patrick leddin

Engage People – An Essential Mindset of New Leaders

It seems obvious. A new leader is given a team of smart people who have been hired because of their abilities and potential. Of course, the new leader will engage them in helping make decisions.

Obvious or not, new leaders – or leaders at any level – struggle with embracing and engaging others.


Whether it is from a fear of showing vulnerability, a desire to move quickly and not get bogged down by conversation, or a need to impress, many new leaders fail to engage their people in problem solving. Engaging others is one of the best ways for a new leader to learn. Asking questions, listening to understand, and seeking advice – begin with the mindset of engaging others.

Engaging others is not merely about gaining buy-in. It’s about creating a better answer. Yes, the leader must make the ultimate decision, but that decision should be informed by the collective wisdom of the team, not the isolated perspective of the leader.

What about your new leaders?

Here are a few questions to get you thinking about the leader you are, or the new leaders you are developing:

  • How do new leaders in your organization seek advice and input from a variety of people? Does the organization even encourage or allow such thinking?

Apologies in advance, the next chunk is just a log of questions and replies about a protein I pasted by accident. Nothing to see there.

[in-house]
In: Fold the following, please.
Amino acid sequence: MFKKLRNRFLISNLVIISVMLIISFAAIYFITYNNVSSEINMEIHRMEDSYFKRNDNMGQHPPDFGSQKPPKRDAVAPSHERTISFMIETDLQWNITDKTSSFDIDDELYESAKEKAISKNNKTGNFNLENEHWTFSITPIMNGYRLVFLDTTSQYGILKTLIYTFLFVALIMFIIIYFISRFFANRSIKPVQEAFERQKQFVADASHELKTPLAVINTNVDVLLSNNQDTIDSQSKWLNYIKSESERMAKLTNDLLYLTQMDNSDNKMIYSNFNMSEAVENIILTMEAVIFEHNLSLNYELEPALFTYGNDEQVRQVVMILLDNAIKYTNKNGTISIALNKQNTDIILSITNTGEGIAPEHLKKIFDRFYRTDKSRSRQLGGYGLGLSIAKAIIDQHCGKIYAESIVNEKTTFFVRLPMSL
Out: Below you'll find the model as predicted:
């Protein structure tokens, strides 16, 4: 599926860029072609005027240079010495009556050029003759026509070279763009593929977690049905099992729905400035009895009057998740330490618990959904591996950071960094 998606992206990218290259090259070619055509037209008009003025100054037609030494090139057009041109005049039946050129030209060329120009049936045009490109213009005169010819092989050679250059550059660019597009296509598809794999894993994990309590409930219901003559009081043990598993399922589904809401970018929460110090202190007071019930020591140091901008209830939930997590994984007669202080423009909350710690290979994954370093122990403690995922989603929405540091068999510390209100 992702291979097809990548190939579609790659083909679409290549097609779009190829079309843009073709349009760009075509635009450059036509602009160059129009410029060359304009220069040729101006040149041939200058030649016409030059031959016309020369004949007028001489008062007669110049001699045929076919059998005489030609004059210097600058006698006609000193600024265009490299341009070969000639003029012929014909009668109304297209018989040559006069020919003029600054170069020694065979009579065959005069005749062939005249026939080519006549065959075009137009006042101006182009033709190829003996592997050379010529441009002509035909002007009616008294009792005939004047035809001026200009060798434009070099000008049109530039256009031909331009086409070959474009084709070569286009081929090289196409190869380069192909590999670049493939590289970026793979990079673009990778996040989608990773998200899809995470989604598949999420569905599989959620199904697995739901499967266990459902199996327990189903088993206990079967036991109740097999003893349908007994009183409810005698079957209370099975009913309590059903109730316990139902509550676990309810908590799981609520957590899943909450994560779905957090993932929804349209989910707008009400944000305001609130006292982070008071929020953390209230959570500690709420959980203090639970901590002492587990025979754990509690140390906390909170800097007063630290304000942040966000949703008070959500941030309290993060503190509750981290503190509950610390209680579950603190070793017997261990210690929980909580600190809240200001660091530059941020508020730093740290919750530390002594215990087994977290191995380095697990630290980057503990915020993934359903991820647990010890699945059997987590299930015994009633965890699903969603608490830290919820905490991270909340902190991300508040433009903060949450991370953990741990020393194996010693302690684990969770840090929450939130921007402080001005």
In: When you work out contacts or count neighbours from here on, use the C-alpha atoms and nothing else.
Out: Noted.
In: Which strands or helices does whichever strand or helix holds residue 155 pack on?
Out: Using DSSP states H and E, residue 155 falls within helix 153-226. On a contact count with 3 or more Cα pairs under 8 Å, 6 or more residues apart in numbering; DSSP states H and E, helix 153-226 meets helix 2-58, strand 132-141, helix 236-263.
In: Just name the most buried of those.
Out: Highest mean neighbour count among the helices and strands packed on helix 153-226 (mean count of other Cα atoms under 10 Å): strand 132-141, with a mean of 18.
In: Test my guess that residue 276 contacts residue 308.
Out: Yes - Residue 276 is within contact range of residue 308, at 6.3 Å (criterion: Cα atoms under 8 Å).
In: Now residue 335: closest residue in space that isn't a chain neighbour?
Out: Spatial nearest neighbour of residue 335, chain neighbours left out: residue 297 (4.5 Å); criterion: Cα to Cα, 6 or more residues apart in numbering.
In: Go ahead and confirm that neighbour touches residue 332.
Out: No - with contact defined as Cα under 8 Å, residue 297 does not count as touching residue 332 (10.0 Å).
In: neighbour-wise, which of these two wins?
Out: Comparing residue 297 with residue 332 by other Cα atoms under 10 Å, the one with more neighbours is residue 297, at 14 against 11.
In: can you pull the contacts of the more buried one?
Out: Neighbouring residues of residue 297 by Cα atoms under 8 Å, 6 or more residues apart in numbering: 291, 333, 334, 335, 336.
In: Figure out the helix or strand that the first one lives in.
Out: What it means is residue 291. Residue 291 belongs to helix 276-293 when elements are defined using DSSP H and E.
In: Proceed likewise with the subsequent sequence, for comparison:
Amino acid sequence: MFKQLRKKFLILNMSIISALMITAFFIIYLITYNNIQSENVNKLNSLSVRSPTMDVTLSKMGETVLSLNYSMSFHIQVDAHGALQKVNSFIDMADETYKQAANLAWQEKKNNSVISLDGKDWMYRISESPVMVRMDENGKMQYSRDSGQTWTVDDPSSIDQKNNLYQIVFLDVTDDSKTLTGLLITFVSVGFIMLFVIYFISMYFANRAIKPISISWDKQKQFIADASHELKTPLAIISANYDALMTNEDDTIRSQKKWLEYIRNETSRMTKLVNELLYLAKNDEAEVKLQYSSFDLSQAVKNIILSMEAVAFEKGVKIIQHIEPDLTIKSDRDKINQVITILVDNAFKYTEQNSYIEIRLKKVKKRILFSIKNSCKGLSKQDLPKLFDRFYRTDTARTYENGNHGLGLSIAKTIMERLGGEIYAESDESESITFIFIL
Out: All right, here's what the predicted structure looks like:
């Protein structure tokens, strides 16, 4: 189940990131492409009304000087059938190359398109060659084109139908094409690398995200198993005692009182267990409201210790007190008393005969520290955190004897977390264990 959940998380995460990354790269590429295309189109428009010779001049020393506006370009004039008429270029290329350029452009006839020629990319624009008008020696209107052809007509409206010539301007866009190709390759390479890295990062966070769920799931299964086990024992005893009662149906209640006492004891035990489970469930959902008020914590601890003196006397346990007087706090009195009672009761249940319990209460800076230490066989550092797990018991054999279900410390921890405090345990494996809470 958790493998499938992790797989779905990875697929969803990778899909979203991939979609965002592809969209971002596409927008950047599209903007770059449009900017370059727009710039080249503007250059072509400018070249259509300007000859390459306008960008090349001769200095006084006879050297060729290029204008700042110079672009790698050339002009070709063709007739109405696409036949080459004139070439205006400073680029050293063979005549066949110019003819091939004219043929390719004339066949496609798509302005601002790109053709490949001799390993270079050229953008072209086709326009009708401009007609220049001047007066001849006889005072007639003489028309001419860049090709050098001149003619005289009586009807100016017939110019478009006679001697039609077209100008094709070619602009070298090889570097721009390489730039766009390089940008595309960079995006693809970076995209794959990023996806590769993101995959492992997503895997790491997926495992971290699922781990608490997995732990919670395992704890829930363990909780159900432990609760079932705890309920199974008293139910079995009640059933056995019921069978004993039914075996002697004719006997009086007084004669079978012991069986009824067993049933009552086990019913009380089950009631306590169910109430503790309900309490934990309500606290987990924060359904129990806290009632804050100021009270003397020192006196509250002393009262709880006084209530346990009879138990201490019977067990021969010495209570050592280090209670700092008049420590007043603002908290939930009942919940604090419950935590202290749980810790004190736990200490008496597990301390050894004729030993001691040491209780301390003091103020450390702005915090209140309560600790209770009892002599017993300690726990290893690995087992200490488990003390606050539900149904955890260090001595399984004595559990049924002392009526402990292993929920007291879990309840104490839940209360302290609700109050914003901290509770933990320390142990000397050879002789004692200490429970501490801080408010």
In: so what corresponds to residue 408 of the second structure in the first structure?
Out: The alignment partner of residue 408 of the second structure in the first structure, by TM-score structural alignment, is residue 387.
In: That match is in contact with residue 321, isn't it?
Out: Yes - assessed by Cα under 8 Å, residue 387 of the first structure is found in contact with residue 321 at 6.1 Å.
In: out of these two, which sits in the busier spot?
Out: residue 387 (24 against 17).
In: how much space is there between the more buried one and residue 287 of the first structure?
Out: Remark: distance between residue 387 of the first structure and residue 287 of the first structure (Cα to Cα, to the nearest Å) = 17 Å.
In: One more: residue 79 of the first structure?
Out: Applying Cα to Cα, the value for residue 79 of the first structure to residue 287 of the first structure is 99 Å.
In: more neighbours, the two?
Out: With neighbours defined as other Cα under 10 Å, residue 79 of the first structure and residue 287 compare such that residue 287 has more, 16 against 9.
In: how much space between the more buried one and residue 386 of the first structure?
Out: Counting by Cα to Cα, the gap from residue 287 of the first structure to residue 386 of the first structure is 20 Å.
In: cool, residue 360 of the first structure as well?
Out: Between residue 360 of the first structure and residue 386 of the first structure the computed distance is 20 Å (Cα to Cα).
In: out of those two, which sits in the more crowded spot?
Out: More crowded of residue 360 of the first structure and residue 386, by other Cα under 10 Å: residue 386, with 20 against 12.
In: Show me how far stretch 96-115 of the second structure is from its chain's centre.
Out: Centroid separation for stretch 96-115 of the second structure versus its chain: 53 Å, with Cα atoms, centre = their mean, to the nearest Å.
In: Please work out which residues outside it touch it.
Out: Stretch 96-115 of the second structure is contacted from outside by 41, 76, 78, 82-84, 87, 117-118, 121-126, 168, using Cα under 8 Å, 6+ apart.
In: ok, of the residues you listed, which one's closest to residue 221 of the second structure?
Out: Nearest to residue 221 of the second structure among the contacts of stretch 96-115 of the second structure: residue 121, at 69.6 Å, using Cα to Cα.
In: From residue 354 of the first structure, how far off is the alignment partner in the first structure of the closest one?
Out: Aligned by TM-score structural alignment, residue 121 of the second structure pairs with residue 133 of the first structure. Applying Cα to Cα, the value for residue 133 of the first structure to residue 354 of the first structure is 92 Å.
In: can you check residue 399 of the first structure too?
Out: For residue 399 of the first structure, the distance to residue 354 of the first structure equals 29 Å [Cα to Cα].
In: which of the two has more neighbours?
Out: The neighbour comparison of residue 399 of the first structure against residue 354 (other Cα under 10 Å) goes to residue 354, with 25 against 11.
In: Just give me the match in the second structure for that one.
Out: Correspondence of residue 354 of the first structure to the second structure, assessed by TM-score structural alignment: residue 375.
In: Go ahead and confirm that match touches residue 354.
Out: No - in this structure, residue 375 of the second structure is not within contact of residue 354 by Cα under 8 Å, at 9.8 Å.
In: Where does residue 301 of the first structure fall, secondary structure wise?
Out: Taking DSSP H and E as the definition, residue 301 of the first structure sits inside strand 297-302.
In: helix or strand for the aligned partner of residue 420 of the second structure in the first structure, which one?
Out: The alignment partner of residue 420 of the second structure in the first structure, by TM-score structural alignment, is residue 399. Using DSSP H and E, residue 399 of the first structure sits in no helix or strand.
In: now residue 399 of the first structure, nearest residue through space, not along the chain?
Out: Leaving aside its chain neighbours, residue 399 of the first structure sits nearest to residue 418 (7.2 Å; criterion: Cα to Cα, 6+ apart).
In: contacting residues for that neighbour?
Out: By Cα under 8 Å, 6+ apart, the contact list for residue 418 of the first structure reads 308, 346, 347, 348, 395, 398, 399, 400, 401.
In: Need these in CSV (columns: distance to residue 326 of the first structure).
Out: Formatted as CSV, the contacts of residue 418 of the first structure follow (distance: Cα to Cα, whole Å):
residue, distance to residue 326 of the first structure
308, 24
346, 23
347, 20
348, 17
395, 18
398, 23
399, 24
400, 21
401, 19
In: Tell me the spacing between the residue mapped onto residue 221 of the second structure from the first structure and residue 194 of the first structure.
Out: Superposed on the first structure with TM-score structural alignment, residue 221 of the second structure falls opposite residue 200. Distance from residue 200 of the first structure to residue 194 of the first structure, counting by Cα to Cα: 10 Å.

• Has a desire to appear in charge caused some new leaders to put too much on their shoulders and isolate themselves from team members?
  • What might new leaders do differently in the future to better engage their people?

Take it from me

Twenty-plus years ago, I was an army lieutenant serving as a platoon leader of a 39-person airborne infantry platoon. As a new leader, there were times when I, like many new leaders, failed to engage others. Much like ignoring gravity comes at a price, failing to engage others can be costly as well. Don’t allow yourselves or others to fall into this trap.

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FOCUS

It sounds obvious, but most of us have a way of piling up “must-do” priorities, making it impossible to do a very good job on any of them. One recipe for disengaging people is to overwhelm them with things to do, all of which are “Job 1” and “key priorities” and “top-of-the-list.”

But if you unleash people to focus on one, two, or three wildly important goals—no more—they will sense the significance of what they’re doing and they’ll have a chance to win. There is tremendous power in focus. As you prioritize your goals, think about those things that must be done or nothing else matters, focus on those true priorities, and move lower priorities to the back burner.

Scientist Call It “Exhaustion Syndrome” and It’s Killing Your Team

All too many of us suffer from a personal energy crisis. We no longer work a standard eight-hour day. Our minds are constantly churning trying to make high value decisions, virtually twenty-four hours day. Our mode of life today—constant stress, poor diet, and lack of exercise and sleep—leads to what scientists call “exhaustion syndrome.”